A Feraghan horse cover fragment
John Howe has sometimes referred to me as one of the few collectors he knows with an interest in Persian city rugs. I recently had the opportunity to see this Feraghan horse cover fragment in the flesh. It is unusual enough that I thought it might elicit some comment here.
In its present form, it is approximately 4 feet square. The breast flaps are missing, with their ends now re-attached to the top corners (see the notches). It was said to be 3rd quarter of the 19th Century. There are small amounts of light aubergine. There are several holes in the piece, all of which have been backed with two different colors of red cloth.
I personally feel that the better weavings of Persia (especially the Arak and Kashan areas) compete with any for pure style and beauty.
This horse cover combines elements in a striking way: botehs, floral and geometric motifs, some Perpedil-like hooks and a nice reciprocal border. To my eye, the graphics are compelling. Even though the elements themselves are familiar, I’ve never seen anything quite like it.
Best to all,
Wendel et al -
I think this is a very beautiful weaving that uses a not terribly wide palette skillfully. To my mind the drawing it exhibits is wonderfully finished and sophisticated. Yes, it seems "urban" to me, but that does not prevent me from admiring its quality and its qualities.
I do think it exemplifies the sort of thing to which you are often attracted and (as much as I protest about whether such a thing exists) your good eye.
The border seems unusual to me and the white-edged triangular intrusions are graphically very effective. I think the drawing has great "balance."
This piece is at one end of an array of pieces and the furthest from what have sometimes been called "oops" weavings. It is different from, and more sophisticated than, but it's general character is reminescent to me of the Gerard Paquin piece we used as one of the comparisons in my early salon on "The Oops Thesis."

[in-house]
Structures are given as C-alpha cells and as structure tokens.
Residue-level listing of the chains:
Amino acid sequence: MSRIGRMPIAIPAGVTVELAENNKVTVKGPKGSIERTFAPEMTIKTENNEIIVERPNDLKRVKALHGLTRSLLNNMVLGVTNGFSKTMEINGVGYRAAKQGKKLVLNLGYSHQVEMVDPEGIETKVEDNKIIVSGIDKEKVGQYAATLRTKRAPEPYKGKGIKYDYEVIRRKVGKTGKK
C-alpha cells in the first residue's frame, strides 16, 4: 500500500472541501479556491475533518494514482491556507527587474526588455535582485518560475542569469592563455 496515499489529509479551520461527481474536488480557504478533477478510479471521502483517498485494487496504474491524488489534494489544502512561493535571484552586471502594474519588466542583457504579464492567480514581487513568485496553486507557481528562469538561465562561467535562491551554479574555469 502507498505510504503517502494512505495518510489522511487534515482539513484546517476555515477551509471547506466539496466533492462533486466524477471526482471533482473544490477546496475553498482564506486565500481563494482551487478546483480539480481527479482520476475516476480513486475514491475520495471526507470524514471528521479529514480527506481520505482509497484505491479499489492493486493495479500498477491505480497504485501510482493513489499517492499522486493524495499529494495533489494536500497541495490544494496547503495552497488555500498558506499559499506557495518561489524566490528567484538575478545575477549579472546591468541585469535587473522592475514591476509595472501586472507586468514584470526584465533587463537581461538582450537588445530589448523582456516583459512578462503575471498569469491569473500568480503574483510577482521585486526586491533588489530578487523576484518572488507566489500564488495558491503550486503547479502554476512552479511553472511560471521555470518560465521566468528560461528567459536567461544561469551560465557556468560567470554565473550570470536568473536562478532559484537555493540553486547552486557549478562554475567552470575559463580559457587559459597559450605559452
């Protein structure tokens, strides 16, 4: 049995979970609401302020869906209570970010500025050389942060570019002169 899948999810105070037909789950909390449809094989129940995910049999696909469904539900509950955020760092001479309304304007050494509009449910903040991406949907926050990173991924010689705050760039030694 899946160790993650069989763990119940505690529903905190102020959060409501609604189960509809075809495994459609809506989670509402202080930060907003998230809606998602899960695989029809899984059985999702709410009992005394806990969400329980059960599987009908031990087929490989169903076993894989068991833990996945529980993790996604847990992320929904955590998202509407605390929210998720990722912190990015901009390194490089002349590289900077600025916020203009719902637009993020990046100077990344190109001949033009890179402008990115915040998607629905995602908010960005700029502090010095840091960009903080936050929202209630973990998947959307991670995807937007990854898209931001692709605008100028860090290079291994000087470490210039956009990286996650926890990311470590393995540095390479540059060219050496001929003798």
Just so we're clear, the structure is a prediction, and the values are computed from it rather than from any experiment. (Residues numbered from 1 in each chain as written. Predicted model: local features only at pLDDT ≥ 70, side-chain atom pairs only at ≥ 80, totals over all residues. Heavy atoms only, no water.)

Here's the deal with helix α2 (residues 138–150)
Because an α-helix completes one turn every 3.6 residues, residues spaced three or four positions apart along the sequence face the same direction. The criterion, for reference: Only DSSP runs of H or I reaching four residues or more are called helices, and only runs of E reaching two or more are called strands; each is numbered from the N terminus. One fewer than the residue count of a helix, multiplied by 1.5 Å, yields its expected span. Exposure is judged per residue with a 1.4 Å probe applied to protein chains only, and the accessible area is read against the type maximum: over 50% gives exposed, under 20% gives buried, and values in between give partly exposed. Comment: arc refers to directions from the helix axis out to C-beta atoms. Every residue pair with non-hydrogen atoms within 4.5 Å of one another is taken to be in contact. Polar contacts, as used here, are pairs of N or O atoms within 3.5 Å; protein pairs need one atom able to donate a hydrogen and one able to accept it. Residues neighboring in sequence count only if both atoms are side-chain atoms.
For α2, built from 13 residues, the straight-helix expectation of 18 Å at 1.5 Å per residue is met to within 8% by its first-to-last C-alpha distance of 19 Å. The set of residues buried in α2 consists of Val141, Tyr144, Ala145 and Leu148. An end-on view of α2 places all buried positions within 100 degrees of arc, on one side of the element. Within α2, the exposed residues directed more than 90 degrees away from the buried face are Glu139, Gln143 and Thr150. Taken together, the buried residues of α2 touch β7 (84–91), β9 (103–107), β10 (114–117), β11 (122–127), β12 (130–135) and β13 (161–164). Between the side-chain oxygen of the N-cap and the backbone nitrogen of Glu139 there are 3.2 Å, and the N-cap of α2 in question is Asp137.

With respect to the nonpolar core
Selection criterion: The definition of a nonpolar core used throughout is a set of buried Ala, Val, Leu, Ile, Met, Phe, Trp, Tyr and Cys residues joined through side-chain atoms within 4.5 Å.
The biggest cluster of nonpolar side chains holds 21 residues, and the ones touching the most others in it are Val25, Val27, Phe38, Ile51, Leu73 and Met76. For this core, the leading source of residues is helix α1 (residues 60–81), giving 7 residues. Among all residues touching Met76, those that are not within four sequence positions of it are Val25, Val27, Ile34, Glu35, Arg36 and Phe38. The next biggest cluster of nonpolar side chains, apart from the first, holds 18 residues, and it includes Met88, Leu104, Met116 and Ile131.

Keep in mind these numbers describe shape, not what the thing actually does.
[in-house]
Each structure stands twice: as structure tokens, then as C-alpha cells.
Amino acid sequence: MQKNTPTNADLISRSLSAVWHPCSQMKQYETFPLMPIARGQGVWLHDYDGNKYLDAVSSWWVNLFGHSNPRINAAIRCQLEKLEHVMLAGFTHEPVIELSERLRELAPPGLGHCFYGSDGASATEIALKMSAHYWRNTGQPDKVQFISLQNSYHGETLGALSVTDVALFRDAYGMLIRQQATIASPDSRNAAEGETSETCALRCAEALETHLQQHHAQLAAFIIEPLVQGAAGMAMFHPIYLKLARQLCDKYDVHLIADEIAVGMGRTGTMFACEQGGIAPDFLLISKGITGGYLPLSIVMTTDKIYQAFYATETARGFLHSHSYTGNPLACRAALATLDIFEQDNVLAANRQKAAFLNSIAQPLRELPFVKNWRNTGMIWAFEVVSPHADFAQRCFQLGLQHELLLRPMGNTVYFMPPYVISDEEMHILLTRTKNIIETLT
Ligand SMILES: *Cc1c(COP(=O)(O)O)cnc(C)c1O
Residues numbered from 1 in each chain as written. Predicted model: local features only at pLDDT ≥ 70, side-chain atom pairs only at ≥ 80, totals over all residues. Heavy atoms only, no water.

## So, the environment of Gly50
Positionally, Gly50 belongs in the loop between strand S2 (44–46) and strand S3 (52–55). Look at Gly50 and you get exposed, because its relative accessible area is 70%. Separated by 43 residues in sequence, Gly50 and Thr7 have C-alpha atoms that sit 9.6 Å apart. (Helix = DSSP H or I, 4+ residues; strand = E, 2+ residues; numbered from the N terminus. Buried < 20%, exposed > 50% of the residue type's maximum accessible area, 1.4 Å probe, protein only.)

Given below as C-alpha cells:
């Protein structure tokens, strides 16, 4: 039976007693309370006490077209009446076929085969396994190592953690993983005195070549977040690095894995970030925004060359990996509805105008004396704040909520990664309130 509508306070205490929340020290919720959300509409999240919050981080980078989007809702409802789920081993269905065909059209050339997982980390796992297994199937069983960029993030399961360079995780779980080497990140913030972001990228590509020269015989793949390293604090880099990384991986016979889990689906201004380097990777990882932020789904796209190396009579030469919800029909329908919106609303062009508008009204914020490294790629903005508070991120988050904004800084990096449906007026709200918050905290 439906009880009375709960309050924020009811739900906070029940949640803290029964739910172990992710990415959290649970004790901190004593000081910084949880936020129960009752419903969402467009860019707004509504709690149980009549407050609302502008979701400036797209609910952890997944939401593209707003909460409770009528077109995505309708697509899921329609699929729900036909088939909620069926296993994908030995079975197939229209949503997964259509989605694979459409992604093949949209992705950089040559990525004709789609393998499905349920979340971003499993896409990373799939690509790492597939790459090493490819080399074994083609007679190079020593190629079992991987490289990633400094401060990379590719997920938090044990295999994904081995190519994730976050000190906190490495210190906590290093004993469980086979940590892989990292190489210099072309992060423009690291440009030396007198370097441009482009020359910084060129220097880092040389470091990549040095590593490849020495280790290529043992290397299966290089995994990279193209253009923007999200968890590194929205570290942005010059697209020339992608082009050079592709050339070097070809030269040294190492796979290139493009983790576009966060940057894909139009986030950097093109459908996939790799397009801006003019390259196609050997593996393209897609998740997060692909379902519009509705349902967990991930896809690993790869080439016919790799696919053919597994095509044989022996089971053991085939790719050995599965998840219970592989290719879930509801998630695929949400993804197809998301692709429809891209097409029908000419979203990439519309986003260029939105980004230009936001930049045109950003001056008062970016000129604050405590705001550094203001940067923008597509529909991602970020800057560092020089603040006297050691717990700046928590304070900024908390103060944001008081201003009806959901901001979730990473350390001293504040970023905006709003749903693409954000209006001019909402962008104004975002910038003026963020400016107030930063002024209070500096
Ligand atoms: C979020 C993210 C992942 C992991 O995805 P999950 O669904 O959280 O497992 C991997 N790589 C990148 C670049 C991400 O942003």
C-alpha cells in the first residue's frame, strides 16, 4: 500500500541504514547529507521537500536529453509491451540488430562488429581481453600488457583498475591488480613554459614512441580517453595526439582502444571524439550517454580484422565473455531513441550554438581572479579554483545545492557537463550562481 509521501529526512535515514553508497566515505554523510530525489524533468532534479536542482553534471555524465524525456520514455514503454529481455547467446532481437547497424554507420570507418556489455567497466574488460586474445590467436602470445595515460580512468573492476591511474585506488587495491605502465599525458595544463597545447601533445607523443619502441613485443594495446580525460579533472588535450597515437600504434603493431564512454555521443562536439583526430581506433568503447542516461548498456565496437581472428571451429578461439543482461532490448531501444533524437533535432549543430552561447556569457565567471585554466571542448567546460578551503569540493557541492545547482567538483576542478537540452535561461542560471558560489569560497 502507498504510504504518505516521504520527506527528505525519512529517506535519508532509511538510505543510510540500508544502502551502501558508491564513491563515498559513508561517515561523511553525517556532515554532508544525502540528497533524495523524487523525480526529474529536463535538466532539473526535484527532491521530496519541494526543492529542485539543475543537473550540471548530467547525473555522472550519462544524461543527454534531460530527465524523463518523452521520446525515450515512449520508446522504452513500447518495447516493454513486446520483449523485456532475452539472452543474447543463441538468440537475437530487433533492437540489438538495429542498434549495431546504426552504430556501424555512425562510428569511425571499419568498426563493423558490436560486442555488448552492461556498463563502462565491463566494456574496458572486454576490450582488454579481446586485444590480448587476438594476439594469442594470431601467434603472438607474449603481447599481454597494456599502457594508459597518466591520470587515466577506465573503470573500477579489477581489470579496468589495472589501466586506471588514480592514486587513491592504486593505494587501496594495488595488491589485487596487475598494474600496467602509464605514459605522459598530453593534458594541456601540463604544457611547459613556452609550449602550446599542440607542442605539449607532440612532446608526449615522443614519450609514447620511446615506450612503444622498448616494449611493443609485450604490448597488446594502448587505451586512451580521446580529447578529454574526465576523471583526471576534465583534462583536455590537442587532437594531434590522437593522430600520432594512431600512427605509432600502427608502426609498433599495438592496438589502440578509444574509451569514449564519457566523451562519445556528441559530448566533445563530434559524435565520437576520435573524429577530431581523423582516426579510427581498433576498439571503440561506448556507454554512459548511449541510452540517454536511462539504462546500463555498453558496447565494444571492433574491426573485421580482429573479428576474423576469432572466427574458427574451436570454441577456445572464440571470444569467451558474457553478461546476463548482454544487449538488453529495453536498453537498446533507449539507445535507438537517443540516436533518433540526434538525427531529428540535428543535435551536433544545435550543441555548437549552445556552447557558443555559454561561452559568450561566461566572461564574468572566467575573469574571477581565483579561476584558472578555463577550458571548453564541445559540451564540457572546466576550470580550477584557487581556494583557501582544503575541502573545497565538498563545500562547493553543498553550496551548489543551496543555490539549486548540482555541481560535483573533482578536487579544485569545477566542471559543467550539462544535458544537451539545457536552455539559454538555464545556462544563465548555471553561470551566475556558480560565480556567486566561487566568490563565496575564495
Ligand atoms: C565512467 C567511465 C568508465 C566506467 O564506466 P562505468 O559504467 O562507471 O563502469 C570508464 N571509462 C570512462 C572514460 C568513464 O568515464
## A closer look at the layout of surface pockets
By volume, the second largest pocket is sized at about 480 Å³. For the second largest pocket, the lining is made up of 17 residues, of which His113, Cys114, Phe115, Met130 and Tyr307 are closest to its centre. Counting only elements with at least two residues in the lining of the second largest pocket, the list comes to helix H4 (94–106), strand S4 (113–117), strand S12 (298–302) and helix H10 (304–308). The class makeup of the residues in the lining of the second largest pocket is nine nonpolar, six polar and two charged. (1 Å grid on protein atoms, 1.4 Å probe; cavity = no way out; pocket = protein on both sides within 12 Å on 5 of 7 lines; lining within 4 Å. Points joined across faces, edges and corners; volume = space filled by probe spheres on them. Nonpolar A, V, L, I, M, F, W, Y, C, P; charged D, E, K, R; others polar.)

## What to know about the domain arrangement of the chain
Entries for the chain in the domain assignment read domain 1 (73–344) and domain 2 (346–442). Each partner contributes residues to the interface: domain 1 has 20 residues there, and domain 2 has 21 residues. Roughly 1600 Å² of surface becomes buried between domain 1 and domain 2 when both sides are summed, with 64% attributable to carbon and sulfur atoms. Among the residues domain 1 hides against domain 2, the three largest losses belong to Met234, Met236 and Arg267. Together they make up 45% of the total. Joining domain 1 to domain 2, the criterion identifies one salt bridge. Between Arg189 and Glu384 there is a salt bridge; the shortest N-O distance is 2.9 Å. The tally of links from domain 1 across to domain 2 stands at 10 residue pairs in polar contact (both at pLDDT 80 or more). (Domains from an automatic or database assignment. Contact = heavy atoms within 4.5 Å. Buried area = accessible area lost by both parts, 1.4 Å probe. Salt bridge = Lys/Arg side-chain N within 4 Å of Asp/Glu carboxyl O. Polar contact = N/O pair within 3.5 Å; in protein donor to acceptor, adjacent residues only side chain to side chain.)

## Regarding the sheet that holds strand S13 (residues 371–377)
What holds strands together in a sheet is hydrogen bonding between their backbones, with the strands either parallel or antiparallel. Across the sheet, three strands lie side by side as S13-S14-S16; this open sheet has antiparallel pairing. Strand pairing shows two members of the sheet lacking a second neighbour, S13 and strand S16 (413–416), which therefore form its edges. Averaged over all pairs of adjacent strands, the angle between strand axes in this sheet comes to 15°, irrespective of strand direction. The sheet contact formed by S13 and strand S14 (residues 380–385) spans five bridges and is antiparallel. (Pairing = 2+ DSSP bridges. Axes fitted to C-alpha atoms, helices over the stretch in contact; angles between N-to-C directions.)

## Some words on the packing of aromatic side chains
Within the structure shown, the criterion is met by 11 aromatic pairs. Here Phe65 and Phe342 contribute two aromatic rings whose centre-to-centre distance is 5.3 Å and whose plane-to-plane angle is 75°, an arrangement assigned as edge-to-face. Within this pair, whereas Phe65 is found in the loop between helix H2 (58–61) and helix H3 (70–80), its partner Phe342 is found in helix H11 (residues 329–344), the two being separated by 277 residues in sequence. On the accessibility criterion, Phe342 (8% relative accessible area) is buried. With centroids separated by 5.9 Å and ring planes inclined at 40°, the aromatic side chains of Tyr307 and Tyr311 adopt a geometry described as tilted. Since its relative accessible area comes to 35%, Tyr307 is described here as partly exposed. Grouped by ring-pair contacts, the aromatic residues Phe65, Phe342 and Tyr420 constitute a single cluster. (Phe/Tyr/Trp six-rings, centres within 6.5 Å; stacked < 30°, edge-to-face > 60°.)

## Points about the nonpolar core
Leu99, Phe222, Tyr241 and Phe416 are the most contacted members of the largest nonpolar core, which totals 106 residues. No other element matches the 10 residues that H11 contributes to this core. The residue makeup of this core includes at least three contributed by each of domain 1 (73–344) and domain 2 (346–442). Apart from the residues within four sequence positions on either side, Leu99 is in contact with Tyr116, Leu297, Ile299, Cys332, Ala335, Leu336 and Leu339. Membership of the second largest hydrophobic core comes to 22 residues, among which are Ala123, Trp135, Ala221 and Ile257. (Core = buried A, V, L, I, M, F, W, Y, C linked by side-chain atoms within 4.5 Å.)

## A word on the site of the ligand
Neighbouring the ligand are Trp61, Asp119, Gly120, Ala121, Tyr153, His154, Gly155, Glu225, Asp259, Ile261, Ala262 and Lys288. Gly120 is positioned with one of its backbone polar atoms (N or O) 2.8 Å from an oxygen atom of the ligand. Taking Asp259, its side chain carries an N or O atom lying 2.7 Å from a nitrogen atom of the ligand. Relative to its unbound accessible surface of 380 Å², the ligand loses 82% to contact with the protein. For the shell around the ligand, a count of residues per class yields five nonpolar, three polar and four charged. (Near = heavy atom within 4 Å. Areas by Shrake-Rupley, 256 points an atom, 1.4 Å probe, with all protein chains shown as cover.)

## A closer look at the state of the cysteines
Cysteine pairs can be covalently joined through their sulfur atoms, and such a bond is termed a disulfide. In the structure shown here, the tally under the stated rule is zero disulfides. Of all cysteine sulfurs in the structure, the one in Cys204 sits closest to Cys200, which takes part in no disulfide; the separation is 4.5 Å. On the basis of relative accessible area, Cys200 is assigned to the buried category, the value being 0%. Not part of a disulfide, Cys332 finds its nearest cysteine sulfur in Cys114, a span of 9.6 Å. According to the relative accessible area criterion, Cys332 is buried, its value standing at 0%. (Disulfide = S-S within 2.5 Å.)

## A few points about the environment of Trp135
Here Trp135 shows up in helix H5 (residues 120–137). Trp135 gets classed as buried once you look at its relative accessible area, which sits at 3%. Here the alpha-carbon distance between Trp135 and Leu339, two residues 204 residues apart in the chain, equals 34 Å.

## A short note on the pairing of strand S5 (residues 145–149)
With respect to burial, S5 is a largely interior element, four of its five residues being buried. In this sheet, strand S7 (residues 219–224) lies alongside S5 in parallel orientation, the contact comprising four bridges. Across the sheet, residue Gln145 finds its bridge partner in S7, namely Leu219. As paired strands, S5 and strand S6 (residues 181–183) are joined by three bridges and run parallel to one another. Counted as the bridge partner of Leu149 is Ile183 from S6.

Everything in this horse cover fragment seem to me to have been carefully considered and expertly executed.
Wendel's interest in more urban pieces has often resulted in his owning some extraordinary things. His Kerman meditation rug is just one example.
(This darkish, smallish photo doesn't do near justice to this piece.)
Wendel is sometimes a little self-conscious about his tendency toward valuing perfection in weavings and he has a goodly number of pieces in his collection that exhibit considerable irregular exhuberance.
I think the sound rule he follows in this regard is that he will sometimes admire (even acquire) a piece in spite of its faults but he tries not do so because of them.
Did you buy it, Wendel?
R. John Howe
I think this is a beautiful piece, and I'd like to take John's comment on balance a little further. On this piece, I think the effectiveness of the drawing technique goes beyond distribution of background and foreground elements.
What strikes me as most uncommon is the treatment of scale and contrast with the detail elements. The size of your image presents a view of the piece that is about the same as standing some distance away. And, at that distance, every single design element is clearly visible, right down to the smallest line segment.
It's a remarkable piece. I wonder, how confident are you of the Feraghan attribution ? It has a distinct Caucasian look to me.
Hello Chuck, John and all,
The term Ferahan, like others in the Persian carpet trade, is used more to designate a quality than a specific geographic origin. Saruk, north of Arak, is in the Ferahan district and the Saruk carpets were long known for superior quality. The trade uses the term Ferahan-Saruk to designate what are believed to be the oldest and highest quality examples. This is somewhat like the term Serapi, except that there is no place called Serapi.
It is generally thought that the earlier Saruks and Ferahans were more geometric and that they became more curvilinear as trade with Europe increased and cartoons were carefully drafted for production.
Here is an image of a somewhat analogous Ferahan in the Carpet Museum in Tehran. A small catalog produced for the opening of the museum in 1977 refers to it (optimistically, in my opinion) as first half of the 19th Century. The border consists of stylized floral forms and vases. I may have posted this image previously. I think it is very powerful although I find the border to be somewhat overwhelming. Its width is about the same as that of the horse cover. Their lengths originally may have been about the same as well.
Gans-Ruedin’s large volume The Splendor of Persian Carpets rather precisely (and probably accurately) dates it to 1870. Gans-Ruedin illustrates a wide selection of the carpets in the Carpet Museum, many obviously selected as much for their technical qualities as anything else.
The horse cover is “Ferahan” (or, if that is too vague a term, Arak region) but definitely not Caucasian. The knots are asymmetric, open to the left. The horse cover contains some of the corrosive light green that the trade often says to be a trait of Ferahan or Saruk Ferahan rugs.
Now that you have this piece in hand, could you take some close-up pictures to post here?